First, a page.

Elevated serum and urinary uric acid levels correlate with the frequency of nephrolithiasis, and 50% of patients with serum uric acid levels greater than 13 mg/dL or urinary uric acid secretion higher than 1100 mg/d will form stones. Uric acid stones are radiolucent, and the urinary uric acid crystals are reddish-orange. Urate crystals have several forms but tend to be needle-shaped or flat, square plates; both are strongly birefringent.



Approach Considerations

As a result of the use of modern treatment, including prophylaxis and dialysis, uric acid nephropathy has become rare. Management without dialysis involves attempts to lower the plasma urate level and the urate concentration within the renal tubules.

Because of the lack of evidence that hyperuricemia in itself causes chronic nephropathy (except in cases of the above-mentioned rare enzyme deficiencies), the current trend is to not treat hyperuricemia for the prevention of chronic nephropathy alone, although this topic remains under active study and debate. The significant toxicity of allopurinol and the lifelong expense of using it make this therapy unwarranted. The emphasis should be on controlling other risk factors for kidney failure, such as diabetes and hypertension.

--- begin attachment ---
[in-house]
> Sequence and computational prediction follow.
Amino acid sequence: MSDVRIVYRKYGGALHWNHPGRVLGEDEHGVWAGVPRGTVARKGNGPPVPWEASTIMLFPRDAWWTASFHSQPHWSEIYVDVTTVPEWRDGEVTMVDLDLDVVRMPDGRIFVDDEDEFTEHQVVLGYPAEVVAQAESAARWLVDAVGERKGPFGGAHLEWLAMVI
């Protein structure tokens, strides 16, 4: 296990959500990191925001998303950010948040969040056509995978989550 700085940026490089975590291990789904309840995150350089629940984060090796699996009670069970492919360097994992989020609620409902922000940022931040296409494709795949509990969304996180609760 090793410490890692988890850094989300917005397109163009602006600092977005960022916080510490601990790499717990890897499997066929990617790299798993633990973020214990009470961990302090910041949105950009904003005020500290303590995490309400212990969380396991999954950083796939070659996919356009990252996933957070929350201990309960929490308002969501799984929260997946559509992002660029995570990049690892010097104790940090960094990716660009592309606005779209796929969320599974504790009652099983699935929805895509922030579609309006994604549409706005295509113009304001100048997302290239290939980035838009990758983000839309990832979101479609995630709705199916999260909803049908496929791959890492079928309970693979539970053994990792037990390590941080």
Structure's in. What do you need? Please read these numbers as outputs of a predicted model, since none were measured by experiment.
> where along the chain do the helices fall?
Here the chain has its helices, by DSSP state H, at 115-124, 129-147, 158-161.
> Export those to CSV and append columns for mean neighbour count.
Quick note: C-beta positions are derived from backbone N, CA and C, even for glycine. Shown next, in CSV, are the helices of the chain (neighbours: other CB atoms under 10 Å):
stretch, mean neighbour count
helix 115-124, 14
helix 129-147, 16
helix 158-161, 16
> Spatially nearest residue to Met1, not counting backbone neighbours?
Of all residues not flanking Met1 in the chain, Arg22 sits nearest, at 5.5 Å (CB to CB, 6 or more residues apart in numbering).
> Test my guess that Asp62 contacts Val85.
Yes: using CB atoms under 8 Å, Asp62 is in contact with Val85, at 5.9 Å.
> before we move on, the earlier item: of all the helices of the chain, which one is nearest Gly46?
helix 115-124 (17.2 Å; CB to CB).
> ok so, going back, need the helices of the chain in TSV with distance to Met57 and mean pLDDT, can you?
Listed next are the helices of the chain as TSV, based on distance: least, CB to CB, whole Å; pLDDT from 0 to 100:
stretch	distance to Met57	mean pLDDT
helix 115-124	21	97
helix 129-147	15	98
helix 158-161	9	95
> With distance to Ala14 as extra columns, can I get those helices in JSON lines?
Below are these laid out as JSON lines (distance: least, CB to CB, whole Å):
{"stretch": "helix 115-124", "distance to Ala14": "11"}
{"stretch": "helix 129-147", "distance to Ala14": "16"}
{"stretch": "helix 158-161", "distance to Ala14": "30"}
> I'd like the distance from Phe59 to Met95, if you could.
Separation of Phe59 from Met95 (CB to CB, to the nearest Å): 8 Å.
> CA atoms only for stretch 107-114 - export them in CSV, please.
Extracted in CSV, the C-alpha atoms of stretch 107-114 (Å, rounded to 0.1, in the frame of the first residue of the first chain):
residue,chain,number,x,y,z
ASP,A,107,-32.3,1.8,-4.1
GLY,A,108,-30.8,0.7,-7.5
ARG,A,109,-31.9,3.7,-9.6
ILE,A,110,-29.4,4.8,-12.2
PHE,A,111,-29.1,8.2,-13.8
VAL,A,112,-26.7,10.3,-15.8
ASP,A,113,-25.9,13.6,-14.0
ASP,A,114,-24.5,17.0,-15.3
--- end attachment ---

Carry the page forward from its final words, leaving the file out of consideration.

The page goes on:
The goals of uric acid nephrolithiasis therapy are to reduce the existing stone size and to prevent the formation of new stones. These objectives are achieved by decreasing the production of uric acid and increasing its solubility.

Medical Care

Acute uric acid nephropathy


The xanthine oxidase inhibitor allopurinol has been a milestone in the prevention of acute uric acid nephropathy.[1] It blocks the conversion of hypoxanthine and xanthine to uric acid, resulting in a reduction in serum uric acid concentration and in urinary excretion of urates.[15] However, urinary excretion of hypoxanthine and xanthine increases. Hypoxanthine is highly soluble and does not cause clinical problems. Xanthine is less soluble than uric acid, and precipitated xanthine can be found in the urine of persons taking allopurinol. However, these precipitates do not correlate with renal failure, although well-documented cases of xanthine nephropathy do exist.